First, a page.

Last year was planet Earth's fifth-hottest year on record, The New York Times reports Monday, per European scientists.
The researchers' finding also fits a "clear warming trend," writes the Times: "The seven hottest years on record have been the past seven."
Last year ranked fifth warmest at a slight margin over 2015 and 2018, according to Copernicus Climate Change Service, the European group who conducted the study made public on Monday. The years 2016 and 2020 are virtually tied for hottest on record.
Even if 2021's worldwide average temperature failed to surpass previous years' records, last year's climate events were nonetheless "a stark reminder of the need to change our ways, take decisive and effective steps toward a sustainable society and work toward reducing net carbon emissions," Carlo Buontempo, director of Copernicus, told the Times.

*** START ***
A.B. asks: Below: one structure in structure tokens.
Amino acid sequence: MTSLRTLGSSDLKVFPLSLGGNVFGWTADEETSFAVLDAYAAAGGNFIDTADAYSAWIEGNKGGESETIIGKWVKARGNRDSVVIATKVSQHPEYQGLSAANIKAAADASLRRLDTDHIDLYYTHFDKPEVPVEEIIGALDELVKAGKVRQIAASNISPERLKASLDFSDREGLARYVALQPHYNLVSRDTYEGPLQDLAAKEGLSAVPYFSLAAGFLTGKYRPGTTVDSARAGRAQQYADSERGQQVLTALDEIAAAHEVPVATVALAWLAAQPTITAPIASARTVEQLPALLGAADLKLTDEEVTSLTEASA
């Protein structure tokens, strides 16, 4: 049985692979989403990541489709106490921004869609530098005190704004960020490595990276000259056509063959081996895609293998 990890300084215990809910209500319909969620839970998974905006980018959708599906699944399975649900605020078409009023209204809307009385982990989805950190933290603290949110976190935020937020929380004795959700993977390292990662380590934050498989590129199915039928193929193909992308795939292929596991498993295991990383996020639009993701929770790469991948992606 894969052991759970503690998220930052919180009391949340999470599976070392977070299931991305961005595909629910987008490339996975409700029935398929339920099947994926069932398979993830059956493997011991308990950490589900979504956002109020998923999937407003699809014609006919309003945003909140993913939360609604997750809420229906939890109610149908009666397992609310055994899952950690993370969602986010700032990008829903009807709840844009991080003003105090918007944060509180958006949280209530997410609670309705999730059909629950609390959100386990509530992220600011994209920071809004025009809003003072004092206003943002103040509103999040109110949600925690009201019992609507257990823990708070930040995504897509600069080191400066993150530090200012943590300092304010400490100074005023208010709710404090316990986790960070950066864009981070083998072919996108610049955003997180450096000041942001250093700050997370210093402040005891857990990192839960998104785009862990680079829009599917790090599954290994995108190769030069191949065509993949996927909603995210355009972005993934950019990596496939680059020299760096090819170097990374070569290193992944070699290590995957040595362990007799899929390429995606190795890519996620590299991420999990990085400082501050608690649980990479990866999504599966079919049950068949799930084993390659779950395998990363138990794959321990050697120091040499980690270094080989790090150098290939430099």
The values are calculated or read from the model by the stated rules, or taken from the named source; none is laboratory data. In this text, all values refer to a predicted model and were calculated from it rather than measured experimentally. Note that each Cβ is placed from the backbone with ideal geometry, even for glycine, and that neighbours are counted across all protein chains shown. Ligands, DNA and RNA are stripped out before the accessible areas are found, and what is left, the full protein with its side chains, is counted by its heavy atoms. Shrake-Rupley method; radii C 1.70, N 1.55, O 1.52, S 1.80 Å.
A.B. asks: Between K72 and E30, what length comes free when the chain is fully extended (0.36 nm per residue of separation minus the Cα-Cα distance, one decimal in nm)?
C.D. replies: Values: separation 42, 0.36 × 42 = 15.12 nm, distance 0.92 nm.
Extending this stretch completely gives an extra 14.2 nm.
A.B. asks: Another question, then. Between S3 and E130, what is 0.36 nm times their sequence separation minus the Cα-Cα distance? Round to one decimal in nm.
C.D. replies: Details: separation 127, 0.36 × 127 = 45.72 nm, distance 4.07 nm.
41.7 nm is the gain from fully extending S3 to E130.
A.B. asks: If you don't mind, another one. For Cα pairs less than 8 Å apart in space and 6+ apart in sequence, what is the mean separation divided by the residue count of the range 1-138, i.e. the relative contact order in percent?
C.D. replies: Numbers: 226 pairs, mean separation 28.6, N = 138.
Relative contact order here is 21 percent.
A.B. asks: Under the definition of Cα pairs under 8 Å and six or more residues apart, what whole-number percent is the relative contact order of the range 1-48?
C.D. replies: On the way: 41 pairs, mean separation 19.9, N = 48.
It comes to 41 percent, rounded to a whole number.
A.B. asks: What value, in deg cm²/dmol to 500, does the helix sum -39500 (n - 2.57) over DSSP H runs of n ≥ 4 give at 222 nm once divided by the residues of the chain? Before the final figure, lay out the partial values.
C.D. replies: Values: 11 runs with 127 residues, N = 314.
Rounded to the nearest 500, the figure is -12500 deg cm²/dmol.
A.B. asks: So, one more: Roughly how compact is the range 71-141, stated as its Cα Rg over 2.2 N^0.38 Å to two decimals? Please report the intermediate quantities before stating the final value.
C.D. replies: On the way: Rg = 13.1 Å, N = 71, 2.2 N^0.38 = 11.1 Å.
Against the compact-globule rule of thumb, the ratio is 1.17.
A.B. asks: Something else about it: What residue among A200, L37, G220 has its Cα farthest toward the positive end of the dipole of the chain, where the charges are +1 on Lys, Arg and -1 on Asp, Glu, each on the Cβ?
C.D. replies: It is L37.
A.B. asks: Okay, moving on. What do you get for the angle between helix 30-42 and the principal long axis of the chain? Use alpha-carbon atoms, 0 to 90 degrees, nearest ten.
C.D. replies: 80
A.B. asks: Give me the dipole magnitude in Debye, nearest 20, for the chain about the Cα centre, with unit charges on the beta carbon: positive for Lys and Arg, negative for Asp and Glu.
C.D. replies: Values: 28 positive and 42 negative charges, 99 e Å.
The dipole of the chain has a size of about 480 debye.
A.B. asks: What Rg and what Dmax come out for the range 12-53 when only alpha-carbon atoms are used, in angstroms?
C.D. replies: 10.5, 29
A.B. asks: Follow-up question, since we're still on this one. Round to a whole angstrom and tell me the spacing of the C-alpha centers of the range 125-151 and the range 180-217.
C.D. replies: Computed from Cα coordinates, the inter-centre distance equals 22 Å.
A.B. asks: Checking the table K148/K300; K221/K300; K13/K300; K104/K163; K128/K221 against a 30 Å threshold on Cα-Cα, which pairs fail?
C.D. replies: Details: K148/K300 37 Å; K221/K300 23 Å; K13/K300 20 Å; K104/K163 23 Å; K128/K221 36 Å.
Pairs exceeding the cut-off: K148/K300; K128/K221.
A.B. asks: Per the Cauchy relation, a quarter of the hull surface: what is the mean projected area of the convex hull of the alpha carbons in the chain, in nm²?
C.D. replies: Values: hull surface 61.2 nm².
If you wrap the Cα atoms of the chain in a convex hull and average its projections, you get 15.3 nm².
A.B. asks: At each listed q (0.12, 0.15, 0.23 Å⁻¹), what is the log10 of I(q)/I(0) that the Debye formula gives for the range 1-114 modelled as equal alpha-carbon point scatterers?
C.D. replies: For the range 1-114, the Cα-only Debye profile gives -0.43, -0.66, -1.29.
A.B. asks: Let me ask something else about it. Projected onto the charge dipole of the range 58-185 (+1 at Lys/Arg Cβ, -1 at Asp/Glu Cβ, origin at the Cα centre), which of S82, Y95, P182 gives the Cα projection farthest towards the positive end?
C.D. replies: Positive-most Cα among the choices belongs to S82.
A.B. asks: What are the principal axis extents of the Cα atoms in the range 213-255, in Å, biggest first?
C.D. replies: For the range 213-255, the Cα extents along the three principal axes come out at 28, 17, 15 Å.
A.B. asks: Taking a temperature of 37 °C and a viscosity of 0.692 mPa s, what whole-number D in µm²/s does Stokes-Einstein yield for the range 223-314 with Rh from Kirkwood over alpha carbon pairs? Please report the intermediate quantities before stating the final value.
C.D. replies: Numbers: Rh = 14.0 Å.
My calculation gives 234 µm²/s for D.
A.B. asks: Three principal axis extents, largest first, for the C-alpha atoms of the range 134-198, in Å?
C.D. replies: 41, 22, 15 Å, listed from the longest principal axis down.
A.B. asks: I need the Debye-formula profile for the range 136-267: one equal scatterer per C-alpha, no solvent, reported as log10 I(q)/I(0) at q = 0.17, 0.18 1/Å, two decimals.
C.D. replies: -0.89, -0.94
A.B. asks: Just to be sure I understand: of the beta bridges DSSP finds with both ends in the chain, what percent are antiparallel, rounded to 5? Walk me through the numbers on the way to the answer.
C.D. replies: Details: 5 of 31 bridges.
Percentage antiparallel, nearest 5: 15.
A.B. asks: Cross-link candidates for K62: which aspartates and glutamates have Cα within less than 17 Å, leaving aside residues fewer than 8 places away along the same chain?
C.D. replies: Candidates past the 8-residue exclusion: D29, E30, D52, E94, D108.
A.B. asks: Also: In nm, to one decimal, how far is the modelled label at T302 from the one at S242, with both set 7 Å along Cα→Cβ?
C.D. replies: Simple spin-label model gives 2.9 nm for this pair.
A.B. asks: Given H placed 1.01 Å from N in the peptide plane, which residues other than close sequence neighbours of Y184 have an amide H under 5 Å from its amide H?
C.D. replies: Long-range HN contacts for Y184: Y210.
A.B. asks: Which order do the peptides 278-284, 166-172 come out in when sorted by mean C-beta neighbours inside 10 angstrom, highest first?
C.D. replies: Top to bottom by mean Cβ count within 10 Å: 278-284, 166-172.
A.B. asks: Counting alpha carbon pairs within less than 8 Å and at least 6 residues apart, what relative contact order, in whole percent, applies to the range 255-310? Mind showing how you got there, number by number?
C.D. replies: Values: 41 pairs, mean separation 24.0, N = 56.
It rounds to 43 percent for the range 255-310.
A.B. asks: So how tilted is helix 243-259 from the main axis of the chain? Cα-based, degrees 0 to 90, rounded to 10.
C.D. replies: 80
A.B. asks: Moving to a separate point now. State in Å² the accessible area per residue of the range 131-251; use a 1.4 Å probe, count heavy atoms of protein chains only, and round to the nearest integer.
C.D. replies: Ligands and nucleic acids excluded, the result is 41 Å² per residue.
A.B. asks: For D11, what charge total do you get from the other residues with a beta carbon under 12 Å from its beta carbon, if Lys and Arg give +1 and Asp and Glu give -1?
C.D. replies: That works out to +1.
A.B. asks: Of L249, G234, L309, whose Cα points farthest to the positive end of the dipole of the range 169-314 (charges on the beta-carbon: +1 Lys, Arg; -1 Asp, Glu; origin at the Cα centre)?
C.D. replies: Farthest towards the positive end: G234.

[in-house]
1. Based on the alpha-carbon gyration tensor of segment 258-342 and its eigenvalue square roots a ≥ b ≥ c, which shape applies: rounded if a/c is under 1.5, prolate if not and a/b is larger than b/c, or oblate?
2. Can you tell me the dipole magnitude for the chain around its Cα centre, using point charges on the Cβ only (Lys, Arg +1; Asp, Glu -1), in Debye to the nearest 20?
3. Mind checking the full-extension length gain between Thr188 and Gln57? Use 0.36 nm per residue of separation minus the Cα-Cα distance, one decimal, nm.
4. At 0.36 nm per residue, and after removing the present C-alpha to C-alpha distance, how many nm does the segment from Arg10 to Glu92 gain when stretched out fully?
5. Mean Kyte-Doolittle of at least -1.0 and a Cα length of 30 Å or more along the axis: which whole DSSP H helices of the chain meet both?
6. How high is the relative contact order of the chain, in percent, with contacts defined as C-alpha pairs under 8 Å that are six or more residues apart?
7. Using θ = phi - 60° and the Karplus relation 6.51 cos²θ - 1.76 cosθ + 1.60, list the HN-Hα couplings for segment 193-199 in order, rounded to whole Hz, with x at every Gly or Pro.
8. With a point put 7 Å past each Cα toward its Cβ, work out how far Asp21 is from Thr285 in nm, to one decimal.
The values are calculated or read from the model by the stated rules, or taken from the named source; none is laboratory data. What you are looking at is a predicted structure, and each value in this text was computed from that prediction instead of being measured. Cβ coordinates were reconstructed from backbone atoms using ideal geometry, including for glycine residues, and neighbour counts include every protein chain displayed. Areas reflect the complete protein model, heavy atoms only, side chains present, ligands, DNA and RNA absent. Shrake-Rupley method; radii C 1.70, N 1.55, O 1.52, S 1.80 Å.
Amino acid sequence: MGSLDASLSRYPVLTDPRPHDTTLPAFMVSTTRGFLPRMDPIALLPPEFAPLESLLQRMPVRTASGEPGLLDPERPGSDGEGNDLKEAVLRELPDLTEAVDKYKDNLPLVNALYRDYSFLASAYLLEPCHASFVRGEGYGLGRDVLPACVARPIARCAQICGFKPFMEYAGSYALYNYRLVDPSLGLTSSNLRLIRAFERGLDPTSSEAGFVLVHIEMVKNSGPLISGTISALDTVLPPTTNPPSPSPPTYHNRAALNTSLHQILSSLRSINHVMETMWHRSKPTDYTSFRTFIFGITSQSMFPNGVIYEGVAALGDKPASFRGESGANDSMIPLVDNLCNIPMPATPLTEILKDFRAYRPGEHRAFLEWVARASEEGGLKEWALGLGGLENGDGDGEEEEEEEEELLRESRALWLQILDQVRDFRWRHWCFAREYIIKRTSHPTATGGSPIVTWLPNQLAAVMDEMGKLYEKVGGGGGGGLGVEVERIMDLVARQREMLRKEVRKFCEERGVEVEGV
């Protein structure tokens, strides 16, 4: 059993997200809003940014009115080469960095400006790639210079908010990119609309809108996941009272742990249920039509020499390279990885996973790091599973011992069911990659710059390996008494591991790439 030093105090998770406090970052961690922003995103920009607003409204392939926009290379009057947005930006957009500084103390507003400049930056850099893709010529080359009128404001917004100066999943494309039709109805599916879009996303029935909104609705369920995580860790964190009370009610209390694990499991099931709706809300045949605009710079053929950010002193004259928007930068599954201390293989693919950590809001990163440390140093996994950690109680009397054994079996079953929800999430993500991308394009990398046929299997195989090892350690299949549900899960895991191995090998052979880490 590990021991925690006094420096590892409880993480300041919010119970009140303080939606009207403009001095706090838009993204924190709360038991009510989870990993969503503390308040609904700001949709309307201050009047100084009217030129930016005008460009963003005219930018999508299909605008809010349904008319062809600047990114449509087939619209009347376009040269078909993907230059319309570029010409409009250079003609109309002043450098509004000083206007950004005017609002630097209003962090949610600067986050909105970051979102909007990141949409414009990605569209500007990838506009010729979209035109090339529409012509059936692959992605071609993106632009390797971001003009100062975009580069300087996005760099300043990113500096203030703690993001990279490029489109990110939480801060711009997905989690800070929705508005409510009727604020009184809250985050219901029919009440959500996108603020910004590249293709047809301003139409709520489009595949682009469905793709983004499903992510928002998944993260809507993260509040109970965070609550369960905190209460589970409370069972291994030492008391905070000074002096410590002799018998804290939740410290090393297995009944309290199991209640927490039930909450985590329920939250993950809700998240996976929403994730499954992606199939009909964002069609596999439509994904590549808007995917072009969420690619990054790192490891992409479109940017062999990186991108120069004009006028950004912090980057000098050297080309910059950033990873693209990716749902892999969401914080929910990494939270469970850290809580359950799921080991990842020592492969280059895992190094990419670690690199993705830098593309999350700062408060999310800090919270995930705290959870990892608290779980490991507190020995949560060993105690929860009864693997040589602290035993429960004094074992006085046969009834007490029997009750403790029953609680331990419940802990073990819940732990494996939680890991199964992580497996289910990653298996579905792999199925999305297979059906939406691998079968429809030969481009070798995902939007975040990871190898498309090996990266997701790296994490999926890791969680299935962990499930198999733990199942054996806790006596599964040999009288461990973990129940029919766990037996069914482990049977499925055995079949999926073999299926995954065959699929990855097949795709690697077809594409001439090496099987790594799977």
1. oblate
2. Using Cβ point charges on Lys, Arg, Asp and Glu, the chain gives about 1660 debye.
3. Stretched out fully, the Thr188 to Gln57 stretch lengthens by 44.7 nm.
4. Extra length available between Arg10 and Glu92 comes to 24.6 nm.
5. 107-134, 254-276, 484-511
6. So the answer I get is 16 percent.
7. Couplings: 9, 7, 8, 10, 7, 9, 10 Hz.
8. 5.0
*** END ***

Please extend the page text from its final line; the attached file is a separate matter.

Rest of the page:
La Niña conditions, "a recurring climate pattern characterized by lower surface temperatures in the Pacific Ocean," assisted in lowering the mean temperature early in the year, though its effects were later offset by higher temperatures in many countries (though not all) between June and October, writes the Times, per Copernicus.
"When we think about climate change, it's not just a single progression, year after year after year being the warmest," said scientist Robert Rohde of Berkeley Earth. "The preponderance of evidence — which comes from looking at ocean temperatures, land temperatures, upper atmospheric temperatures, glaciers melting, sea ice changes — are telling us a coherent story about changes in the earth system which points to warming overall."
"Slight variations up or down, a year or two at a time, don't change that picture," he added. Read more at The New York Times.